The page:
Last week I made a trip to London, a rarity for me but I was going to see the Harry Potter play and one of my favourite bands was playing at the Royal Albert Hall. Both were superb.
I’m not a big fan of huge cities in general, but we were there for 5 days so wanted to see what the city had to offer. We visited the V&A, the Natural History Museum and the Tate Britain amongst other things. One of the things we saw at the Tate was the Fairy Feller’s Master Stroke by Richard Dadd, a masterpiece and a reminder, if nothing else of the link often between creativity and mental health issues I discussed last week. Also a good chance to mention the new mental health kit the PRCA have brought out for those in the industry, something I believe is very important.
One of the things we missed sadly was at the transport museum which has an exhibition called Poster Girls on.
This powerful new exhibition shines a spotlight on 20th and 21st century female graphic designers and reveals the contribution they have made to poster design over the last one hundred years. With over 150 posters and original artworks on display, this exhibition attempts to recognise some of these forgotten design heroines and reveal the hidden stories behind their work.
Poster Girls – a century of art and design will feature some of the leading female artists who have worked for London Transport and Transport for London including well-known designers, such as Mabel Lucie Attwell, Laura Knight, Enid Marx and Zandra Rhodes, alongside lesser known individuals who nonetheless changed the way Londoners viewed their city. The works on display show a dazzling spectrum of artistic styles and mediums; modernist, figurative, flat colour, boldly patterned, abstract, collage and oil.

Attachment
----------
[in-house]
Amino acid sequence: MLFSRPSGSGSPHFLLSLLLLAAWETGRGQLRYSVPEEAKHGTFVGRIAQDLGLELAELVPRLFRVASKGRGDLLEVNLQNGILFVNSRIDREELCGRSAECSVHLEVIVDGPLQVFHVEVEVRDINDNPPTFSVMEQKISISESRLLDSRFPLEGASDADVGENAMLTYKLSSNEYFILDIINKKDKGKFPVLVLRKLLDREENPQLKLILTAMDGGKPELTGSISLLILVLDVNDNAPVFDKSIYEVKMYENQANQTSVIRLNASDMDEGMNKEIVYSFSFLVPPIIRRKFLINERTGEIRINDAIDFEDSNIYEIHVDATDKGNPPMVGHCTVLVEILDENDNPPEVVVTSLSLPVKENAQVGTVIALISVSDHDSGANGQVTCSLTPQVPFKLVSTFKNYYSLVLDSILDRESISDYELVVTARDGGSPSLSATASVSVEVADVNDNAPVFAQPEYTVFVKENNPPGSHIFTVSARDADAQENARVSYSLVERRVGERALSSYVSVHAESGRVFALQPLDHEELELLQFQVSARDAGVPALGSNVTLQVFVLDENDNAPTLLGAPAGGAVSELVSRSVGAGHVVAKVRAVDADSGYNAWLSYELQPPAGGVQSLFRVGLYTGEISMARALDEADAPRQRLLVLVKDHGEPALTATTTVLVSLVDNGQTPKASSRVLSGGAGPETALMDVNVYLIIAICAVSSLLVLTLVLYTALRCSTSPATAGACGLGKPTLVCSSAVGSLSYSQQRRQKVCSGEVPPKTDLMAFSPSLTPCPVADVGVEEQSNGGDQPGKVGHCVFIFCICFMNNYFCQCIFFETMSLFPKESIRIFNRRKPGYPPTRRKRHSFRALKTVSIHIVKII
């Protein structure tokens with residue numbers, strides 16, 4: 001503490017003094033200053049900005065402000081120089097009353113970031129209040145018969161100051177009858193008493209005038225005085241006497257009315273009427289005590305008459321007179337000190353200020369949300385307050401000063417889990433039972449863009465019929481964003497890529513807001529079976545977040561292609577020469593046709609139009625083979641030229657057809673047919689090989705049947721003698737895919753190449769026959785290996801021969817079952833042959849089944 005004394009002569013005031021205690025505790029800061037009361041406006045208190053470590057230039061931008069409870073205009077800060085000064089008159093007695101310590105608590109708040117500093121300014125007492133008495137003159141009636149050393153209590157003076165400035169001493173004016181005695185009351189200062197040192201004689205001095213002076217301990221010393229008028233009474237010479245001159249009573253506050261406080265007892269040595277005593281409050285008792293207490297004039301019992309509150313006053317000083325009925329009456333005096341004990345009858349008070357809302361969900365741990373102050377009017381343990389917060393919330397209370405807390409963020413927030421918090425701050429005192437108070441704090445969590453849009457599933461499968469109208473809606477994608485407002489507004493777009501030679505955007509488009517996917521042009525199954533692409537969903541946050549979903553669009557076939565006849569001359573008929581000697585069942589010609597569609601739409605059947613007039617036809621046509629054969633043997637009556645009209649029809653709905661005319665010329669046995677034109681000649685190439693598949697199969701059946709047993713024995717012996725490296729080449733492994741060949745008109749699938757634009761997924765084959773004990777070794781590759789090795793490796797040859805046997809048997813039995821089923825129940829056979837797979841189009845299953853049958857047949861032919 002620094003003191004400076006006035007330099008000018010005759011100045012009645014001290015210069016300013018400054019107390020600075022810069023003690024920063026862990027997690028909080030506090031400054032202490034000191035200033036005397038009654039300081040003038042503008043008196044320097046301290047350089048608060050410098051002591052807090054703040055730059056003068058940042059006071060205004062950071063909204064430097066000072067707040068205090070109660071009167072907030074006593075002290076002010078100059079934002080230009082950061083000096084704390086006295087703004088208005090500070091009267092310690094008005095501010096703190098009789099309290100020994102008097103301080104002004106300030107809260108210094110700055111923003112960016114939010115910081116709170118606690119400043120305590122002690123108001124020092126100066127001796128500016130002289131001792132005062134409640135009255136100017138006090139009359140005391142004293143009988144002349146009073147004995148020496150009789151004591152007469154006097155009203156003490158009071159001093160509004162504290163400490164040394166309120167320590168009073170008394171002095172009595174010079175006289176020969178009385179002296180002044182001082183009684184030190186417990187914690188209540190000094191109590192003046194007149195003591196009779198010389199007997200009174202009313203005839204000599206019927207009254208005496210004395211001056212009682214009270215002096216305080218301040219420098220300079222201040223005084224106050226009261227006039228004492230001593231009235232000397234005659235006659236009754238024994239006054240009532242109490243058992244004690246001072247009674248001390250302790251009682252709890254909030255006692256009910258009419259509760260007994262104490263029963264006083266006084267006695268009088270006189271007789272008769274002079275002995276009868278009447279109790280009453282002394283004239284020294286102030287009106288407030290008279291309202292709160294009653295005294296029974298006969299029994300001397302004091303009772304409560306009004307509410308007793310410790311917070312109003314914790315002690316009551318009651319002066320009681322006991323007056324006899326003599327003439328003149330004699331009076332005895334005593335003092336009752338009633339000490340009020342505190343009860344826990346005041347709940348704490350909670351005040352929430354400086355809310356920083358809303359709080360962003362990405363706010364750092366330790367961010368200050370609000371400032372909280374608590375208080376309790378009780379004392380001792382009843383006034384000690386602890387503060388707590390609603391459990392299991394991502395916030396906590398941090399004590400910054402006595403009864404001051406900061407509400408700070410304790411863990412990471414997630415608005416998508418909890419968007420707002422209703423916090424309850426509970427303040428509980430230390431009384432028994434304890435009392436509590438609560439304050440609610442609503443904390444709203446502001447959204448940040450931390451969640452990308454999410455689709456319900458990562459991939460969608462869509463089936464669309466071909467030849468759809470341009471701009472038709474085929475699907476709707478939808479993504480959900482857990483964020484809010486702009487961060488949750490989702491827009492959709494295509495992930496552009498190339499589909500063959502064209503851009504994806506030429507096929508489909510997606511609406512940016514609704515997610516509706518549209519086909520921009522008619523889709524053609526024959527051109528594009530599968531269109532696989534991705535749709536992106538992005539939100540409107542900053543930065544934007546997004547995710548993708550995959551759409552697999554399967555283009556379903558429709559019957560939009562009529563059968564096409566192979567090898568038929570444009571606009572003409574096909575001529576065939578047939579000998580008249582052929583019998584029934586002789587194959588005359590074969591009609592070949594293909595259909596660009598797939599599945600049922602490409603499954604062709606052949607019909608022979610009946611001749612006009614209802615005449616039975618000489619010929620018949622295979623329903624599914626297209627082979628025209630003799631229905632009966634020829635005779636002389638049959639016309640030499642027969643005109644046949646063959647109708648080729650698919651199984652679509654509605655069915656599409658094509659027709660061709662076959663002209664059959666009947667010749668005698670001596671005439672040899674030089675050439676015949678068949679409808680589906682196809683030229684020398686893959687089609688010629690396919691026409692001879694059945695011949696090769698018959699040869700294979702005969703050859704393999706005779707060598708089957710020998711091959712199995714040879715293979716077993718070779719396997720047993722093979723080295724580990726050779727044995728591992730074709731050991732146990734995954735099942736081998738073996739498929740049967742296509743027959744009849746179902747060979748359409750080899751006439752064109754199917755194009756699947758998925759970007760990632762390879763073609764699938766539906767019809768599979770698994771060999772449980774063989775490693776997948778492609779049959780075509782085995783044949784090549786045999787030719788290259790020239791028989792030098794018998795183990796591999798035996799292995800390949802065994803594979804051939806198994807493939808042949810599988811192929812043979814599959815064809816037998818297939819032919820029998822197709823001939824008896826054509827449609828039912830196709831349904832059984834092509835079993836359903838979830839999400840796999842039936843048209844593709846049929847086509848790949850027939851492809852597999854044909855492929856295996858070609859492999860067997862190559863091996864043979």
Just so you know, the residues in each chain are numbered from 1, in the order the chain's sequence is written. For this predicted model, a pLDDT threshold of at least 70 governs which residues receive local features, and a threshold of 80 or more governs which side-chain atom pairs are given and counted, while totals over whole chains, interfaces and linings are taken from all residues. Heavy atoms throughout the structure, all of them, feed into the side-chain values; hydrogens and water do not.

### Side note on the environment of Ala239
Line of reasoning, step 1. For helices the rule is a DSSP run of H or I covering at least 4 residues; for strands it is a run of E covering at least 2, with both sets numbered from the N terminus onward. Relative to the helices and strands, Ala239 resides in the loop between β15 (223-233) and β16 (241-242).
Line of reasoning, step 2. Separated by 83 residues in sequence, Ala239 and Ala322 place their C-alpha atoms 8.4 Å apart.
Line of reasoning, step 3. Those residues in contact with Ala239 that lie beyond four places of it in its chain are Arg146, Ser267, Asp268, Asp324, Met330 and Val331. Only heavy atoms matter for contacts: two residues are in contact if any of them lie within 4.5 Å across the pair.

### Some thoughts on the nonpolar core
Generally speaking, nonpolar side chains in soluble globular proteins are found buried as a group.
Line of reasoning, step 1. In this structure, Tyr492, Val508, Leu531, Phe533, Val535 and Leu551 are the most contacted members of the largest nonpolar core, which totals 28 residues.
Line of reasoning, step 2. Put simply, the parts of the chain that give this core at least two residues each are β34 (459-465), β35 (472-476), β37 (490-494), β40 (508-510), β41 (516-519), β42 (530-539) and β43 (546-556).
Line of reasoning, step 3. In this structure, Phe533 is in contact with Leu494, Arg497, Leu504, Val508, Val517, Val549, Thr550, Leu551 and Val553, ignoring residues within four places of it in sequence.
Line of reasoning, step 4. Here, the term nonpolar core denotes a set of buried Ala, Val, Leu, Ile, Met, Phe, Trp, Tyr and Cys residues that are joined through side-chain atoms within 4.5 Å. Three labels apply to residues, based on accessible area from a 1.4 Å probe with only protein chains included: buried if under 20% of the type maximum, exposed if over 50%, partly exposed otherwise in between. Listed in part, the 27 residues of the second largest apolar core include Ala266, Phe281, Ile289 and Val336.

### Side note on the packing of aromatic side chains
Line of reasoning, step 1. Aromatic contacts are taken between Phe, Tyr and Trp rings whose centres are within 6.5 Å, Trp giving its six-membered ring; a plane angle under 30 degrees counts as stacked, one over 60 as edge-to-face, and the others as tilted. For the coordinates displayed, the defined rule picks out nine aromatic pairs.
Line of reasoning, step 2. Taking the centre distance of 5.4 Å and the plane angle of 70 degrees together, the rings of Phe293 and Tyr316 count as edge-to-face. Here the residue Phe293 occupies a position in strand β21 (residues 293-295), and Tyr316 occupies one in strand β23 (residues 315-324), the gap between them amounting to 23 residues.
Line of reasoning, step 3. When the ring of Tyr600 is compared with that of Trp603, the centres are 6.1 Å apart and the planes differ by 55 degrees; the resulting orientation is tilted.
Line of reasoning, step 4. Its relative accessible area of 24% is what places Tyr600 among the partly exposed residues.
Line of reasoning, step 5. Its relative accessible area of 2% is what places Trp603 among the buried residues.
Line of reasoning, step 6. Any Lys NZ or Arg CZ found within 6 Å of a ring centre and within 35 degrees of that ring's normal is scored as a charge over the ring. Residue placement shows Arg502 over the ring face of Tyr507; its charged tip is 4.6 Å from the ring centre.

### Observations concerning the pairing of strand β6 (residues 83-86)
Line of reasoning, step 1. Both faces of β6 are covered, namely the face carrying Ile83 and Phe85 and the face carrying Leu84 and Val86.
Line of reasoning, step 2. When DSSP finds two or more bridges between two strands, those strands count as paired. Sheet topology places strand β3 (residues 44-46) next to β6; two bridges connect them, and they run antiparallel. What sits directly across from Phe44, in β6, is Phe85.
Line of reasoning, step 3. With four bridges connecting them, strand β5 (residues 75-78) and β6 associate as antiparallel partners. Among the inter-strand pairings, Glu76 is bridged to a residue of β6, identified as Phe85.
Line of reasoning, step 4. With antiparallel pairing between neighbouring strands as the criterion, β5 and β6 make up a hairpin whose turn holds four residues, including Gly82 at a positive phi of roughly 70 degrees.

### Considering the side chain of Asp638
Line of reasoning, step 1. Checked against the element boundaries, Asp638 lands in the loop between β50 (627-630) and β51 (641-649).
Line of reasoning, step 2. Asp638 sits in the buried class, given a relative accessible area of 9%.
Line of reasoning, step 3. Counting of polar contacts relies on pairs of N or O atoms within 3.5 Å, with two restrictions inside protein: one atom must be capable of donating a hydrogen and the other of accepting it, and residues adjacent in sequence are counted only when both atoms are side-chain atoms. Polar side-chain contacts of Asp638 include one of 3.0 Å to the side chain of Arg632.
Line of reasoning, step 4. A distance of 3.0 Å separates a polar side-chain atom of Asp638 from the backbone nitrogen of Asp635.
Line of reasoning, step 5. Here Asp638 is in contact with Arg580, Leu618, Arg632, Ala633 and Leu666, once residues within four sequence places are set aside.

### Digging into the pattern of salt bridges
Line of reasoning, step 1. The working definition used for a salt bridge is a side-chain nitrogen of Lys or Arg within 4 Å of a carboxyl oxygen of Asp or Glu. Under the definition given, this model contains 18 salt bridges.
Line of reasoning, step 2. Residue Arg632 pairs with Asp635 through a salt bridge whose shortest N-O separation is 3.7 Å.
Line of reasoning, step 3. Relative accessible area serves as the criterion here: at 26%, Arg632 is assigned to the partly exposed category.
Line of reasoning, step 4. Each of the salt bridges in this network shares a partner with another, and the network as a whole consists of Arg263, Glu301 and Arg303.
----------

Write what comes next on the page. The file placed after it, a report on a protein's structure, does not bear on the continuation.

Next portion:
Starting in the early 1900s the exhibition takes a broadly chronological approach, moving through the decades to contemporary times, unearthing how each era influenced the artists’ stylistic approach and highlighting the role played by London Transport in commissioning female talent.
It’s an exhibition highlighting the strength of diversity in the capital. Another interesting campaign which highlights similar is the London Fire Brigade’s new campaign to tackle sexism in how firefighters are viewed. London Fire Commissioner, Dany Cotton is urging the nation to stop using the outdated term ‘Fireman’ as part of a drive to encourage more women to become firefighters. Brigade research shows that many women think firefighting is for men and the Brigade is concerned that referring to ‘Firemen’ reinforces that stereotype.
London is certainly a happening place with lots happening in the ethical marketing arena. There are some great iniatives and things running in the capital just now which are helping to raise the profile of ethical projects and that can only be good. Please feel free to contact us with any new Ethical Marketing stories we can cover.
In another note we passed 400 articles, news stories and interviews yesterday, when I started just over 6 months ago, we were doing 1 article if we were lucky, and now we are at 400 total, thank you to all of the marketing companies, PR people and other people who have contributed to help us reach this target. We now have over 17,000 visitors a month and nearly 65,000 page impressions monthly, so a far cry from the first few months where we were lucky to get 100 visitors a day, thanks again for everything.
If you would like to donate some money to help keep the site going if you feel so inclined with the donate button on the right hand side of the page, if you are in a position at all to help it would be much appreciated.
As mentioned, if you would like to open yourself to up to 17,000 visitors a month, all with an interest in marketing or ethical marketing and products then please look at our advertising page. http://ethicalmarketingnews.com/advertising